Similarly, Tuchman explored our nation's 35-year involvement in Vietnam, beginning with President Roosevelt's endorsement of French colonial rule. She argued that the Cold War-inspired domino theory raised the stakes, and described President Lyndon Johnson's insistence on military victory as "benighted." The result, she wrote, was a "final uneasy escape" and the loss of essential trust in government.

If Tuchman were alive today, she could have added the U.S. invasion of Iraq in 2003 as the latest episode of governmental folly. The justification for the war has changed so many times that it's hard to keep up. There were no weapons of mass destruction and Saddam Hussein did not pose an imminent threat to the U.S. Nor did the invasion bolster the essential war on terrorism or make the U.S. more secure.

Instead, it has turned Iraq into a breeding ground and training center for Islamic terrorism, accentuated international hatred of the U.S., and inspired a new generation of jihadis eager and willing to fight us. And yet the war's advocates dare charge that those who objected to the Iraq invasion are opposing the war on terrorism.

Proponents of the war now excitedly claim that democracy is being introduced into Iraq, as demonstrated by the big turnout of voters in the recent parliamentary election. The problem is that you don't export democracy. You export machine tools and airplanes and soy beans and corn.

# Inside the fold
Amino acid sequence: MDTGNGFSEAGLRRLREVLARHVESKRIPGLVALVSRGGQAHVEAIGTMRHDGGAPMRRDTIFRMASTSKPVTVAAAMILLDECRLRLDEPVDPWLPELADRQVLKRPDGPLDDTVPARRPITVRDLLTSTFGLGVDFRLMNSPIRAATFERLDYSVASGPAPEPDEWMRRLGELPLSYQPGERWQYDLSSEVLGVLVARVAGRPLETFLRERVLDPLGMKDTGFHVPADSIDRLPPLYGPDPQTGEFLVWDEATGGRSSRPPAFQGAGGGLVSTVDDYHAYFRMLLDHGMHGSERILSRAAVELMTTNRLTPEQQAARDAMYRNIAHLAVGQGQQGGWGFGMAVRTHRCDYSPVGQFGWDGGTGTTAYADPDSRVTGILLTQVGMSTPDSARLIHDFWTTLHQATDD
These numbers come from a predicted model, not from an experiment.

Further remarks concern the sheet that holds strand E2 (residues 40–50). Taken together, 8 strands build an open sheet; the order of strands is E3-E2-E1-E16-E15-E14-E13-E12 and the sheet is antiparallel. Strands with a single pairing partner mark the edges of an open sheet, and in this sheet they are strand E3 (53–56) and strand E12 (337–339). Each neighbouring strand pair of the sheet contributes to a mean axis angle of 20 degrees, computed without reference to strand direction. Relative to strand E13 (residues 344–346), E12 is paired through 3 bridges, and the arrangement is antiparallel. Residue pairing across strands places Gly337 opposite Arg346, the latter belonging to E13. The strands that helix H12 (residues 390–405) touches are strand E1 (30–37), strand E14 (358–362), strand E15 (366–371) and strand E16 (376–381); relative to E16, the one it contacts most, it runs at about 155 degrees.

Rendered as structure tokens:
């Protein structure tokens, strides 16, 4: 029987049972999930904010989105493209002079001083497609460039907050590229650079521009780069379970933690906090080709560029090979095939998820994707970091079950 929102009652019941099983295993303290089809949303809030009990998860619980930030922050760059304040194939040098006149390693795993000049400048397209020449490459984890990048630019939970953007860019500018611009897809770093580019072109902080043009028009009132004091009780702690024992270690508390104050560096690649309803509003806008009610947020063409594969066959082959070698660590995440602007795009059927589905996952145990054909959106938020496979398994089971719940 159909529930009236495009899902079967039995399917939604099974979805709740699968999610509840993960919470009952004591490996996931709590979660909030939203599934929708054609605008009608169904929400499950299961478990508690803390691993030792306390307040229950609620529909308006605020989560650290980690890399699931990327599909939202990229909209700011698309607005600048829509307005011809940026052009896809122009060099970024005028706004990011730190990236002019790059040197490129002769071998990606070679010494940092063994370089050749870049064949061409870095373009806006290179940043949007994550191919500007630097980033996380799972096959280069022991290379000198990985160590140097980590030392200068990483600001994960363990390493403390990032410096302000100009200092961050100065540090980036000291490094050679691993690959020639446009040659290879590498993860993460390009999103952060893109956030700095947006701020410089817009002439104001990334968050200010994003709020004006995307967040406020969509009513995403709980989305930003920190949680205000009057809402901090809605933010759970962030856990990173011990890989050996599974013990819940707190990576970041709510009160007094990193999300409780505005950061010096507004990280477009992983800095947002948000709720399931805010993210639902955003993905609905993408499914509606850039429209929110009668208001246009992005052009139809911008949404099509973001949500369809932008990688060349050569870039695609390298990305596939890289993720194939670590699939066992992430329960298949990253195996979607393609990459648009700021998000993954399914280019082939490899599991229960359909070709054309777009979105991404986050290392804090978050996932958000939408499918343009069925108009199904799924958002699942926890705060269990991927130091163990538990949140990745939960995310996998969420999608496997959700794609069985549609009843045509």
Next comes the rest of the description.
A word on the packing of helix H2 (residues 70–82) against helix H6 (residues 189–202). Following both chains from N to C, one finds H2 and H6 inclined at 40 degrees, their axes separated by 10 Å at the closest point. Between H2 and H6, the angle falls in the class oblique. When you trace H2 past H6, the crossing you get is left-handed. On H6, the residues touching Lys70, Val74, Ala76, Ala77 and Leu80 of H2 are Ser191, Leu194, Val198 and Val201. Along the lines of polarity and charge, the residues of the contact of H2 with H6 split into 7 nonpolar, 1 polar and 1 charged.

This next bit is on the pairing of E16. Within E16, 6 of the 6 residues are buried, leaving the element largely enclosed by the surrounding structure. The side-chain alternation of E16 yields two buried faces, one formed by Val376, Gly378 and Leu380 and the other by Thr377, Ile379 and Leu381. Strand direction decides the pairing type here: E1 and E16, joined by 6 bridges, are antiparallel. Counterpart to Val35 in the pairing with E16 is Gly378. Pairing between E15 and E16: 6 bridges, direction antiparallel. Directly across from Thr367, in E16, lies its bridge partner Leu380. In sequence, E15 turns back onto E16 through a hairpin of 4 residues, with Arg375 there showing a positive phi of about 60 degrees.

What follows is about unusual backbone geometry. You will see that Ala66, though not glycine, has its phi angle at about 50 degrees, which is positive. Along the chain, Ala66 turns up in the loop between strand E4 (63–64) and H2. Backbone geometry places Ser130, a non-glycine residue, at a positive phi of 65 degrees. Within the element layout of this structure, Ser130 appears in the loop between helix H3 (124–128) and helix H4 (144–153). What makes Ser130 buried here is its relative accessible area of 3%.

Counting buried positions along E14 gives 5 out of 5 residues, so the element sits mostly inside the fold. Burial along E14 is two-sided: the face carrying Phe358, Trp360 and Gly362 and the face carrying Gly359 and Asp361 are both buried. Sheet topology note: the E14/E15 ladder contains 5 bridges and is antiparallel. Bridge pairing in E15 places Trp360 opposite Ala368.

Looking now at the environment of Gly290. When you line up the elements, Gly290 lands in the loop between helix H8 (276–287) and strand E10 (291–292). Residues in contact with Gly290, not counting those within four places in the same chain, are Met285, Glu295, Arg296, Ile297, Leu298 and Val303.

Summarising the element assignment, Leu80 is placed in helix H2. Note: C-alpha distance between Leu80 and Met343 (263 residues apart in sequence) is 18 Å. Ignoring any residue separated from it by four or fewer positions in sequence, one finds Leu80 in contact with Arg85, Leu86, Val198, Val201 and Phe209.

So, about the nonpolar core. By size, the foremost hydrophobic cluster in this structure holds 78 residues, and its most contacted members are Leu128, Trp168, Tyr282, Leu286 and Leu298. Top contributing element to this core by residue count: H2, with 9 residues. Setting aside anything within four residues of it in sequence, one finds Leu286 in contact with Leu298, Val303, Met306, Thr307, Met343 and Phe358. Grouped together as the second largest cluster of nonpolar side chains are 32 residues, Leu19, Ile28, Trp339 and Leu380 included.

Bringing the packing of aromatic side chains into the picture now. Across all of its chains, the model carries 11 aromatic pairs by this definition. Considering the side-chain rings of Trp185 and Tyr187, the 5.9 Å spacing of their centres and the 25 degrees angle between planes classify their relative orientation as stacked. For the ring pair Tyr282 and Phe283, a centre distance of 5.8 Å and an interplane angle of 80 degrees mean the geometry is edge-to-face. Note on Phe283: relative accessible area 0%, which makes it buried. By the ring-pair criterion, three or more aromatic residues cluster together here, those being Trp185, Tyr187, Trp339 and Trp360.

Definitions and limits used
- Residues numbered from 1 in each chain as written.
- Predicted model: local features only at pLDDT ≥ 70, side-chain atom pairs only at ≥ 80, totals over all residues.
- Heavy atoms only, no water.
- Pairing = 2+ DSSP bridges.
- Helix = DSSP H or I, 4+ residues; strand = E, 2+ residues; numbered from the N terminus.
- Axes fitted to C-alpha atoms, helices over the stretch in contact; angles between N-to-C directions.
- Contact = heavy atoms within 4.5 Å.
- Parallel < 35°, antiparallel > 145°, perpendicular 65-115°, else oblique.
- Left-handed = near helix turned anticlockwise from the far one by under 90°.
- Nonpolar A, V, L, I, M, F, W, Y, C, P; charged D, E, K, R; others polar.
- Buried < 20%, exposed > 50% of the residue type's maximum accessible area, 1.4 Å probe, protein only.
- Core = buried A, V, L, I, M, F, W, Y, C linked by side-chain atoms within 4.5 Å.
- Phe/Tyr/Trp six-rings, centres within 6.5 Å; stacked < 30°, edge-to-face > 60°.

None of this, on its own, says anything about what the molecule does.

It is premature to boast about the democratization of Iraq. The sectarian and ethnic barriers are formidable, and the odds are not favorable for genuine success. Moreover, to contend that the U.S. would necessarily benefit by the spread of democracy in Iraq to the rest of the Middle East is ludicrous. If there were free and open elections in Egypt and Saudi Arabia, two autocratic countries friendly to the U.S., the victors in both would undoubtedly be radical Islamists violently opposed to our presence in the Middle East.

The post-World War II democratic successes in Germany and Japan are not analagous to the situation in Iraq, as the Bush Administration likes to argue. Germany and Japan had homogeneous populations, were more advanced industrially, and had formally surrended after harsh military defeats.

But the basic issue is this: In the unlikely event that our objectives are realized in Iraq and that the country is turned into a stable working democracy, was it worth the many thousands of American troops killed and maimed and the expenditure of an estimated trillion dollars or more?

I think not.

Tuesday, December 13, 2005

Out for lunch

I’ve been retired 16 years and very rarely eat lunch away from home. Lunch is really no longer a big deal, as it often was when I was still working as a journalist. In those days, I was frequently invited to lunch by PR people pitching a story idea, or I would often take out a news source to pick his or her brains. And when there were no time pressures forcing me to eat in the building cafeteria, there were enjoyable one- or two-martini lunches with office colleagues.

In retirement, however, a slice of cantaloupe or grapefruit, a sandwich (cheese, corned beef, or whatever else I can find in the refrigerator), a cup of tea, and that’s it. An afternoon nap usually follows.

But last week I had a different luncheon agenda. I was invited to three formal luncheons, one in a prestigious golf club dining room and two in first-class restaurants. Each was under the auspices of an organization denoting an important phase of my life.